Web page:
Passion to mission: ‘A lot is at stake when we fail’

  • Gauri Kohli, Hindustan Times, New Delhi
  • Updated: May 12, 2015 17:40 IST

A summer break while she was pursuing an undergraduate programme at Tufts University in the US was a life-changing experience for Shaheen Mistri. She came to Mumbai in 1989 mid term and walked into one of the city’s infamous slums and was greatly moved by the neglected plight of children.

“I decided at that point that I needed to stay in India and do something about it. I dropped out of Tufts and enrolled in a sociology bachelor’s degree programme at St Xavier’s College, and began educating underprivileged children after college hours. Two years later, in 1991, I formally started the Akanksha Foundation, which pioneered the idea of using vacant classrooms of mainstream schools, colleges and offices after work hours as learning centres for underprivileged children. Teach For India happened in 2007, when I realised that something on a much larger scale was needed to eradicate educational inequity from our country,” says Mistri, who started Teach for India.

Having started Akanksha Foundation at just 18, Mistri never thought that it would go on to become an organisation in itself. “I had just moved back to India at that point and I walked into a slum and started teaching. All the incredible instances of hope and inspiration that I encountered along the way just kept pushing me to do more. Teach For India was an idea that sparked to life in 2006 when I met Wendy Kopp, CEO and founder of Teach For America,- to discuss the feasibility of adapting Teach For America’s model to the Indian context. A few months later, the plan to place the first cohort of Teach For India Fellows was put in place,” she says.

Teach For India is a nationwide movement of the country’s most promising college graduates and young professionals who commit two-years to teaching full-time in low-income and under-resourced schools. Informed by their experiences and insights, these alumni strive to work from inside and outside the educational system to effect fundamental, long-term changes necessary to try and ensure that one day, all children in India will attain an excellent education.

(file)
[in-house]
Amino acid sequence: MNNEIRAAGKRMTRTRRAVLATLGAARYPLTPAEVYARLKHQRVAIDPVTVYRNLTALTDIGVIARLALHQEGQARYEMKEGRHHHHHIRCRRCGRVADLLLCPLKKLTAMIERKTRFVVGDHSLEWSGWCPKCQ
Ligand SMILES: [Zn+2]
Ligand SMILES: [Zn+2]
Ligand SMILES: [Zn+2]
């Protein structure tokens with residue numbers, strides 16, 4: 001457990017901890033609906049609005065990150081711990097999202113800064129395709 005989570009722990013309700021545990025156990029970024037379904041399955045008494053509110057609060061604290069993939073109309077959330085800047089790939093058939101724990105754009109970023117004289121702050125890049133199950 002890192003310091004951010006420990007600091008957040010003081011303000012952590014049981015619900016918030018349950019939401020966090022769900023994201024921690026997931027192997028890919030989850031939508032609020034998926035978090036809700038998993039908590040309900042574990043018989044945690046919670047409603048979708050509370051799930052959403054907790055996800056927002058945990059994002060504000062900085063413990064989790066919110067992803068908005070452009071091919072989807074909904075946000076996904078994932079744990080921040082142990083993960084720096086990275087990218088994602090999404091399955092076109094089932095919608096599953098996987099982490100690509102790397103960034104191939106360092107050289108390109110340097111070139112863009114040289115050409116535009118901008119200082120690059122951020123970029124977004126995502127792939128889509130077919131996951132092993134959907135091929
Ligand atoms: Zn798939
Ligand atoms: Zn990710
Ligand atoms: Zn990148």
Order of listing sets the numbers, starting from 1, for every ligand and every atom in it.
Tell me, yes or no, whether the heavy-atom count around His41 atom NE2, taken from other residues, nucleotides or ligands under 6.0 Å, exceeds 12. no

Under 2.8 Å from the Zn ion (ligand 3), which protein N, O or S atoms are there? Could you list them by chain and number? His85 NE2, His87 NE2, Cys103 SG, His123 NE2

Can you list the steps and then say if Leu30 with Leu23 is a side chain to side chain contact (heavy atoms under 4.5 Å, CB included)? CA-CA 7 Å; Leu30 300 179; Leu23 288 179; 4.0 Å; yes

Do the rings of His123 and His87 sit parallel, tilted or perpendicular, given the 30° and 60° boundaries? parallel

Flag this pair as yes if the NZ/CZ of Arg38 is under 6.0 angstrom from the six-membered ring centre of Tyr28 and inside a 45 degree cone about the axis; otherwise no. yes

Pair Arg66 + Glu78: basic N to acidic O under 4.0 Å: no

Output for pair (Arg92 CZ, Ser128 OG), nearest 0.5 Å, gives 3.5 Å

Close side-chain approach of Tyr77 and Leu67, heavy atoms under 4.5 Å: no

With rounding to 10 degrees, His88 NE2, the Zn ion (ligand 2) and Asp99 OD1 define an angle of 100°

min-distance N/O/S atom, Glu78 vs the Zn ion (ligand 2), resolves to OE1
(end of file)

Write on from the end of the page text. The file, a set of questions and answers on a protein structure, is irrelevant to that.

Sharing an interesting anecdote that taught her a worthy lesson, Mistri says, “A month ago, I received a short video of a Teach For India classroom fully engaged in learning as they watched their teacher teach – on a screen. Hiloni, their teacher, had high fever and so had decided to videotape a three-hour lesson so that her students didn’t miss a day of learning. I asked her why she did this. She was thinking about how her students cook in the morning, are responsible for their siblings, live a half-hour walk away, and yet – through the heat or monsoon, without complaining – they come to school. This got me thinking about how fortunate I am. I had a fever and an infection and so many loved ones looking after me. And then here were my kids who, despite their individual battles, fought their way to school every day. It wasn’t my need to teach that made me do it. It was their need to learn that inspired me.”

Talking about the best thing she has learnt from her work, Mistri says, “Every person has a role to play in this larger fight- it only takes one little step forward.” Surrounding herself with children and spending time with them is her ultimate inspiration. “There is no better way to remind myself and my team of why we do the work we do and what is at stake when we fail,” she adds.

(Teach For India happened in 2007, when I realised that something on a much larger scale was required to eradicate educational inequity from our country Shaheen Mistry, CEO, Teach for India)

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